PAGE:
|bison @n constructs firstname.lastname@example.org (Jay Scott) (1995-09-08)|
|Re: bison @n constructs email@example.com (1995-09-15)|
|Re: bison @n constructs firstname.lastname@example.org (1995-09-21)|
|From:||email@example.com (W. Craig Trader)|
|Date:||Fri, 15 Sep 1995 17:01:22 GMT|
Jay Scott <firstname.lastname@example.org> wrote:
]Every time I get a version of bison, I see the mentions of the @n
](also known as guards?) construction. But I see nothing on how to
]USE them. Can anybody give me an example? My (by now ancient) bison
]source code didn't actually support the construct as near as I can
]tell -- ie, the lexer and so forth wouldn't recognize them as having
]any special properties. So I'd assumed this was a never-implemented
]and not fully abandoned feature. But I see other posters saying they
]USE them. I'll play the fool -- HOW? j.
>From Section 4.4 of the Bison 1.20 manual:
'@n' Acts like a structure variable containing information on the line
numbers and column numbers of the nth component of the current rule.
The structure has four members, like this:
int first_line, last_line;
int first_column, last_column;
Thus, to get the starting line number of the third component, use
'@3.first_line'. In order for the members of this structure to
contain valid information, you must make yylex supply this information
about each token. If you need only certain members, then yylex need
only fill in those members.
The use of this feature makes the parser noticeably slower.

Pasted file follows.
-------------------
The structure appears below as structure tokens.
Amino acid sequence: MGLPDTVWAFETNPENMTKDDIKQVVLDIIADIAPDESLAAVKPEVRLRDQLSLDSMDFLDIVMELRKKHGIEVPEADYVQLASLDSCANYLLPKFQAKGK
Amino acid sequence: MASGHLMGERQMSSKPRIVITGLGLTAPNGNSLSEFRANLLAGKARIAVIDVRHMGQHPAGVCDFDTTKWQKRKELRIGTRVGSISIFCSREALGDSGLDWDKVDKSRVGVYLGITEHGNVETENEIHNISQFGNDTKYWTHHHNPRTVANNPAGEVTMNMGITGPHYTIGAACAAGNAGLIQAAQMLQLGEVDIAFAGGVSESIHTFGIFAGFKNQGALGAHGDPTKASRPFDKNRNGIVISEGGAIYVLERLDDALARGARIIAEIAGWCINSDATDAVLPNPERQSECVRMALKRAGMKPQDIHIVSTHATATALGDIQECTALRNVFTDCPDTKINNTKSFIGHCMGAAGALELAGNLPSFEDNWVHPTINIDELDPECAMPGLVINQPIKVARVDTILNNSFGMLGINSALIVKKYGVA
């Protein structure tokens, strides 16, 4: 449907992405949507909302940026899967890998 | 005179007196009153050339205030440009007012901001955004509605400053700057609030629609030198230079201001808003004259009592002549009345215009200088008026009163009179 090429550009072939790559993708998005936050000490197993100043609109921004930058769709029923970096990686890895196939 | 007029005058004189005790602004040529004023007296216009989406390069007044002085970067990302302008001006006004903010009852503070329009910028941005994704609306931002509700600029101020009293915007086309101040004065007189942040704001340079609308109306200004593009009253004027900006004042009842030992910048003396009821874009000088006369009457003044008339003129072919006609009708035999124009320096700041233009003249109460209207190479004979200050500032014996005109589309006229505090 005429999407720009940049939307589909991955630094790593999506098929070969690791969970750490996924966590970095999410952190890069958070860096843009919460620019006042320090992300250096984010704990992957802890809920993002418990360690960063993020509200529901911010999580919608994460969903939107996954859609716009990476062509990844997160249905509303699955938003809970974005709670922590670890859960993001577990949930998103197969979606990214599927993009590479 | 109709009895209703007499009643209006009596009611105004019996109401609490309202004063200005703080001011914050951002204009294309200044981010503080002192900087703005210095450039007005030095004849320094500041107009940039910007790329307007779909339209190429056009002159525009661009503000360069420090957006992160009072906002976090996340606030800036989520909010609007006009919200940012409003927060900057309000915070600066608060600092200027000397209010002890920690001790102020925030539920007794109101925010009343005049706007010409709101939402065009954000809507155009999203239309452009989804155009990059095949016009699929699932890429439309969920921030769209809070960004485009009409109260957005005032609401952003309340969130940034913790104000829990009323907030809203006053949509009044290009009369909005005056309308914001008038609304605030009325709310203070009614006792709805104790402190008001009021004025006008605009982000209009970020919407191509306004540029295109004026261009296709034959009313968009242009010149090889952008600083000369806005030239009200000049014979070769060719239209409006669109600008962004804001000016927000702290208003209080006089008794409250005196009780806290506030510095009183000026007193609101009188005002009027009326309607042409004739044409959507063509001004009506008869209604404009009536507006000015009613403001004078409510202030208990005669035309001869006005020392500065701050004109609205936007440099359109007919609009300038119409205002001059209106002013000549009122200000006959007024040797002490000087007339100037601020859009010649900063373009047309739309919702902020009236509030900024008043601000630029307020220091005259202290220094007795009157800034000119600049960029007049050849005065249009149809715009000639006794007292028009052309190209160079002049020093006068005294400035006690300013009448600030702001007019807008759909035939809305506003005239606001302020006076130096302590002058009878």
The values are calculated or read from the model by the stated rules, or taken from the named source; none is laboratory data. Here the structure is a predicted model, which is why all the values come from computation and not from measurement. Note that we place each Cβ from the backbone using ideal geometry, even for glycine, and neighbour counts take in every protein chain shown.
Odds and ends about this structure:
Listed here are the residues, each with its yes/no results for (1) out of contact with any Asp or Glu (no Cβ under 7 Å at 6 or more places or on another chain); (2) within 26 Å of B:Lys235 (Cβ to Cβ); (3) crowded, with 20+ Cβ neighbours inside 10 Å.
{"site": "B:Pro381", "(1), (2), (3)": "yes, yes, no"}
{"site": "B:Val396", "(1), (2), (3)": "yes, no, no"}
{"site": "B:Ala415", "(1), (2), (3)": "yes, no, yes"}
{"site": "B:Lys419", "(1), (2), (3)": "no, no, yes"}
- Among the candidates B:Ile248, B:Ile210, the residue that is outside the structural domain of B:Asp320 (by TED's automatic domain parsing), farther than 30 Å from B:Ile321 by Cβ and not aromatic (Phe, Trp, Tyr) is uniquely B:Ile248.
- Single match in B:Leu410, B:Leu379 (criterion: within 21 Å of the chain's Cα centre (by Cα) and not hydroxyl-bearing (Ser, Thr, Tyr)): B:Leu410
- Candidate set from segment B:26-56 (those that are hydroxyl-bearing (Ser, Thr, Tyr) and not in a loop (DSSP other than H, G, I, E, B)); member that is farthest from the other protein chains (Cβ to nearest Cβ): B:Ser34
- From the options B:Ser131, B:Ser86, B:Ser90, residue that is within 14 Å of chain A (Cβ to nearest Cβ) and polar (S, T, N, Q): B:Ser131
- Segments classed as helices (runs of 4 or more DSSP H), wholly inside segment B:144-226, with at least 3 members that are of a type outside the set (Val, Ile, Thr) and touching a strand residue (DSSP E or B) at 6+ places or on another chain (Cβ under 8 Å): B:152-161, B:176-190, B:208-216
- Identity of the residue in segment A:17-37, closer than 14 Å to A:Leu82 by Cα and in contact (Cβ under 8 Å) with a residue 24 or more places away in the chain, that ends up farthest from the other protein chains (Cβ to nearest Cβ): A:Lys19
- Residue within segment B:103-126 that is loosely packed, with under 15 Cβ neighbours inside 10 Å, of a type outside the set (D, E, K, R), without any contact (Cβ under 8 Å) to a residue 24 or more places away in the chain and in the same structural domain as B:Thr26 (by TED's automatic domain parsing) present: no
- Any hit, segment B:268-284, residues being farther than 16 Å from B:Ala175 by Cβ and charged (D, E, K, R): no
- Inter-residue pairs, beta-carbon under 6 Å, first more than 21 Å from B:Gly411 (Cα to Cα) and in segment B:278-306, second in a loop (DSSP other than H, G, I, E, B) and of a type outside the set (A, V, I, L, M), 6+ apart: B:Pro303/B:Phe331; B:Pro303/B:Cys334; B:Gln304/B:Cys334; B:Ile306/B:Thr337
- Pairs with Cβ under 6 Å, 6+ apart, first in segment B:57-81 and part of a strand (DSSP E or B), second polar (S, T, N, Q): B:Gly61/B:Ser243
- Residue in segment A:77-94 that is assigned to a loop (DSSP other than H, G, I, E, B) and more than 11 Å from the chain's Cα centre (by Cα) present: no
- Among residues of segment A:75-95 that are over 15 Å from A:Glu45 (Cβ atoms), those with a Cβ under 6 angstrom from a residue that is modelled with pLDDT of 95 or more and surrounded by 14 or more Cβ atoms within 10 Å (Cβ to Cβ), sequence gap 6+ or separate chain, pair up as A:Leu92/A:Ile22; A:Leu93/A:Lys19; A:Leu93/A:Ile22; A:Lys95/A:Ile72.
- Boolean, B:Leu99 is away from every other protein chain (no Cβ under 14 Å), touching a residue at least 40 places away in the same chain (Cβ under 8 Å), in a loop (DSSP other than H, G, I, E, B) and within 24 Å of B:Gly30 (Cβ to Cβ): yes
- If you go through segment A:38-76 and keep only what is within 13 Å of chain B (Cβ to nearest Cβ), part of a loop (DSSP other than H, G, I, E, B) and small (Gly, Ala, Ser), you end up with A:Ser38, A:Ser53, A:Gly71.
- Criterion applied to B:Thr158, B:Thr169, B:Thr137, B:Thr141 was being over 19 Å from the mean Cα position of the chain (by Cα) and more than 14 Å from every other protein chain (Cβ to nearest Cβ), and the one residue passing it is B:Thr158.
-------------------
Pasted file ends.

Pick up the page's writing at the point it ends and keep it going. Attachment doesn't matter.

>From Section 4.2.3 of the Bison 1.20 manual:
If you are using the '@n'-feature in actions to keep track of the
texual locations of tokens and groupings, then you must provide this
information in yylex. The function yyparse expects to find the texual
localtion of a token just parsed in the global variable yylloc. So
yylex must store the proper data in that variable. The value of
yylloc is a structure and you need only initialize the members that
are going to be used by the actions. The four members are called
first_line, first_column, last_line and last_column. Note that the
use of this feature makes the parser noticeably slower.
The data type of yylloc has the name YYLTYPE.
Apparently this has nothing to do with "guards", but it seems easy enough to
In _lex & yacc_, John Levine et. al. refer to guards and the '%guard'
definition for Bison with regards to the semantic parser option for Bison, and
then direct you to the Bison documentation for details. Since guards and/or
the '%guard' syntax (or the semantic parser for that matter) aren't mentioned
in the Bison 1.20 documentation, I'm willing to bet that this feature faded
W. Craig Trader, Programmer/Analyst, Datatel, Inc. <email@example.com>
[I could never figure out what %guard really did. -John]
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